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  #11  
Old 04-20-2011, 09:53 AM
BullyVixen BullyVixen is offline
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There is one breeder in particular who breeds and shows chihuahuas who does not health test, and her dogs are pretty darn healthy. They live long happy lives. Chihuhuas have knee problems and she hasnt had any dogs who have had bad knee problems. She has some gorgeous dogs. Many of the dogs shes produced are now champions, and healthy ones at that. Maybe it could be the stock shes using?? She only buys foundation stock from two other breeders, that I know of. Her mentor has been in the breed for many years.
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  #12  
Old 04-20-2011, 10:01 AM
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Originally Posted by BullyVixen View Post
There is one breeder in particular who breeds and shows chihuahuas who does not health test, and her dogs are pretty darn healthy. They live long happy lives. Chihuhuas have knee problems and she hasnt had any dogs who have had bad knee problems. She has some gorgeous dogs. Many of the dogs shes produced are now champions, and healthy ones at that. Maybe it could be the stock shes using?? She only buys foundation stock from two other breeders, that I know of. Her mentor has been in the breed for many years.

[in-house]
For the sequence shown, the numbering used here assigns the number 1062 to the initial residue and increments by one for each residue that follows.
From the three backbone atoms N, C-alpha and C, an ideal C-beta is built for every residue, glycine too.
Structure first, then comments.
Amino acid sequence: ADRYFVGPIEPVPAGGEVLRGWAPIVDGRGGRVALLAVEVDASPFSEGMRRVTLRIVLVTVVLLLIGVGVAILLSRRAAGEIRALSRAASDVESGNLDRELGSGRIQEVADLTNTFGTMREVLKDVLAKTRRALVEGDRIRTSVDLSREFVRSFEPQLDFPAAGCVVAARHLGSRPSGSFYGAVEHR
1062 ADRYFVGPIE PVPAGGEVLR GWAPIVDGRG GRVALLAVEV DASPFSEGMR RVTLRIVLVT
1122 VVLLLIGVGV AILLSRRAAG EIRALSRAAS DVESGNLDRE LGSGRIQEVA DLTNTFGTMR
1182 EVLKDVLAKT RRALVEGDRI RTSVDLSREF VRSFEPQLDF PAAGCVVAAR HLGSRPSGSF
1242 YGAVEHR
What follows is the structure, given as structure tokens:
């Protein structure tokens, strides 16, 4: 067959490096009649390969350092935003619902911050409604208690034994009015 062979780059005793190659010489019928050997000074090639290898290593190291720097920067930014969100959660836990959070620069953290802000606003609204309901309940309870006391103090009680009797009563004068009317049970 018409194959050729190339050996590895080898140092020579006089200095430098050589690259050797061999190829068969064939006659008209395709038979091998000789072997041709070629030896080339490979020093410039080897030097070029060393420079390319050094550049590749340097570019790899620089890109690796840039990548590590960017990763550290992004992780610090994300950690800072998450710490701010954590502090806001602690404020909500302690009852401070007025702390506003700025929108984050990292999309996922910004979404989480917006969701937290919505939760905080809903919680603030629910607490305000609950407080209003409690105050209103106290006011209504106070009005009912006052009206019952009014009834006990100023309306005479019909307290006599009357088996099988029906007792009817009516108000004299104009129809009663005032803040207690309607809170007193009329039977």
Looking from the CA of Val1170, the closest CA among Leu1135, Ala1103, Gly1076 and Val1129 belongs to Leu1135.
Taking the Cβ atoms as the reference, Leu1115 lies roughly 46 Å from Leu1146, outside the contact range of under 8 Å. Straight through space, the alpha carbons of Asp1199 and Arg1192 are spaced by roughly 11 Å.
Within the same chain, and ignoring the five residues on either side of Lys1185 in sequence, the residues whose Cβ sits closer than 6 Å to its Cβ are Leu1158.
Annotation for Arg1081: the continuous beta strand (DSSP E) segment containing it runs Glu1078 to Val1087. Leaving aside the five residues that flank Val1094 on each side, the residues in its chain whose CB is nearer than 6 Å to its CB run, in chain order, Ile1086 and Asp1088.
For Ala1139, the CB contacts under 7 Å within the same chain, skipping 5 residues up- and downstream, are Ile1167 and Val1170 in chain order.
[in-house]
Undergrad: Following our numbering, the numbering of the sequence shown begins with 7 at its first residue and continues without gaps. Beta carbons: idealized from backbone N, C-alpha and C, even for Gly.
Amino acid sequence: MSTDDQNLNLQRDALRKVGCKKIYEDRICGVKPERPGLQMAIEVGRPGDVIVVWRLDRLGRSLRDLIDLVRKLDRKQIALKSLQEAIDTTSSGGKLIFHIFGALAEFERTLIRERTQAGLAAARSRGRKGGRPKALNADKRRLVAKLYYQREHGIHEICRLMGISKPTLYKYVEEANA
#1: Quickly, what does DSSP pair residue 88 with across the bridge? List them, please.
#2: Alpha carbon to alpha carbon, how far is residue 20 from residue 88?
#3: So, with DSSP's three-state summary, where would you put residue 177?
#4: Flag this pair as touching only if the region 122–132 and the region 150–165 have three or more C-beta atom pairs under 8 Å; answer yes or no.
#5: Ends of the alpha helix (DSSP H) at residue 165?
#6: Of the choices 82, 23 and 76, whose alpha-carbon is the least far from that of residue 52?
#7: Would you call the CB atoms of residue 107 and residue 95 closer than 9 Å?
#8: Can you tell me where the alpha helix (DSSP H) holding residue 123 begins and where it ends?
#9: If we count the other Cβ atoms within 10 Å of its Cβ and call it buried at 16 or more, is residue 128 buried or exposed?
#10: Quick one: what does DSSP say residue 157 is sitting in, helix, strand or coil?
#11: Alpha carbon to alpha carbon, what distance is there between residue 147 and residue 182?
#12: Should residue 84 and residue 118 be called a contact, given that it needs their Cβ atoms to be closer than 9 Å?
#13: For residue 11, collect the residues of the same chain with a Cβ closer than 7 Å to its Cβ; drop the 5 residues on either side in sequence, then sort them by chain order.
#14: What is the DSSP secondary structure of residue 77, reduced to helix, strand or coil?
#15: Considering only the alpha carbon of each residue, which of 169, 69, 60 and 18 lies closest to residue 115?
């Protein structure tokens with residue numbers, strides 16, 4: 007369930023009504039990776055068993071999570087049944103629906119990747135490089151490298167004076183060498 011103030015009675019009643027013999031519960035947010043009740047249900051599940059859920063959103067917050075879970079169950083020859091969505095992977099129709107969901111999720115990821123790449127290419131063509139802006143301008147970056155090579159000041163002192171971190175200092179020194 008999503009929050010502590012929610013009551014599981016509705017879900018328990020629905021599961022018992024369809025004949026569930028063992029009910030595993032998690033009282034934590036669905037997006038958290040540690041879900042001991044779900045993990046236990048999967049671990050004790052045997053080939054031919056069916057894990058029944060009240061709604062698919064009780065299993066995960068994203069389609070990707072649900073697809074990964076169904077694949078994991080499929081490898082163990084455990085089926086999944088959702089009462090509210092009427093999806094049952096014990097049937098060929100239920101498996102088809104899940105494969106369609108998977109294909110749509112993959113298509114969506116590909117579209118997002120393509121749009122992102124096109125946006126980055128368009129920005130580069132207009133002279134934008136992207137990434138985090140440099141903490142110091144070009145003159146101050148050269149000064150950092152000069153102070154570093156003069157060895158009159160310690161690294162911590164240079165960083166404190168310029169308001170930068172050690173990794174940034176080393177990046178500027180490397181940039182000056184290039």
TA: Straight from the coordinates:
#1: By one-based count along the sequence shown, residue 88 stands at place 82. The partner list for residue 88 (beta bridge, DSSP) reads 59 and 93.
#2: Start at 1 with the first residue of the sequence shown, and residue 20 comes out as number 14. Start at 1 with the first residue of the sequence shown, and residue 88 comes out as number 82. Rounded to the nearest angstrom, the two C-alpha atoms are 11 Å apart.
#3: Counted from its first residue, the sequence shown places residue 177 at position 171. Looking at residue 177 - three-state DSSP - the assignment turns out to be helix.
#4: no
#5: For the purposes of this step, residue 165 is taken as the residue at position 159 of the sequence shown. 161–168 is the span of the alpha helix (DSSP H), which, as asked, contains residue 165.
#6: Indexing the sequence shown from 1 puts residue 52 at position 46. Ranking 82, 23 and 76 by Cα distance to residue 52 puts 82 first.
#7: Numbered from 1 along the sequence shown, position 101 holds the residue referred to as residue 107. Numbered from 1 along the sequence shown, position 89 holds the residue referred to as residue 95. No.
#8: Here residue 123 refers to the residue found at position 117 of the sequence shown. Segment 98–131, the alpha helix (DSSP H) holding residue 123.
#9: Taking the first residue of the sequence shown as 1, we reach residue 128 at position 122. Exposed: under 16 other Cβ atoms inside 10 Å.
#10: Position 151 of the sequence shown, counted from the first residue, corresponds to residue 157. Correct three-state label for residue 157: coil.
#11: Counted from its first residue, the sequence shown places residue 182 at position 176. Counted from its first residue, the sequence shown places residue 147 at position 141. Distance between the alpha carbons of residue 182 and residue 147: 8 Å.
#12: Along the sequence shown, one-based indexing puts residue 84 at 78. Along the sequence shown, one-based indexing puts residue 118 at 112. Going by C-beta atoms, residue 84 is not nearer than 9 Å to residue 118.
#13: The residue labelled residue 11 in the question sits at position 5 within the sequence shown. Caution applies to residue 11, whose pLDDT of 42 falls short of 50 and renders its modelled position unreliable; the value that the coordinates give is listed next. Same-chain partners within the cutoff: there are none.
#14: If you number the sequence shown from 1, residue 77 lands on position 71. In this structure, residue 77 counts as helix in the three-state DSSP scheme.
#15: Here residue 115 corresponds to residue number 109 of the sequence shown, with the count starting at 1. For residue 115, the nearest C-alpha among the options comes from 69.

Define healthy. A lot of pet people wouldn't have a clue their pet was unhealthy unless they were in serious distress. Small dogs may have minorly noticable patella issues. Doesn't mean they aren't there. It means they aren't being noticed. Doesn't make it better or right.

Gorgeous or not, I wouldn't pay out for a dog with a poorer chance of good health because the breeder can't be bothered to health test or does not care. That makes their ethics and morals suspect. A good breeder breeds to improve their breed. Make pretty dogs that have unknown health is not an improvement.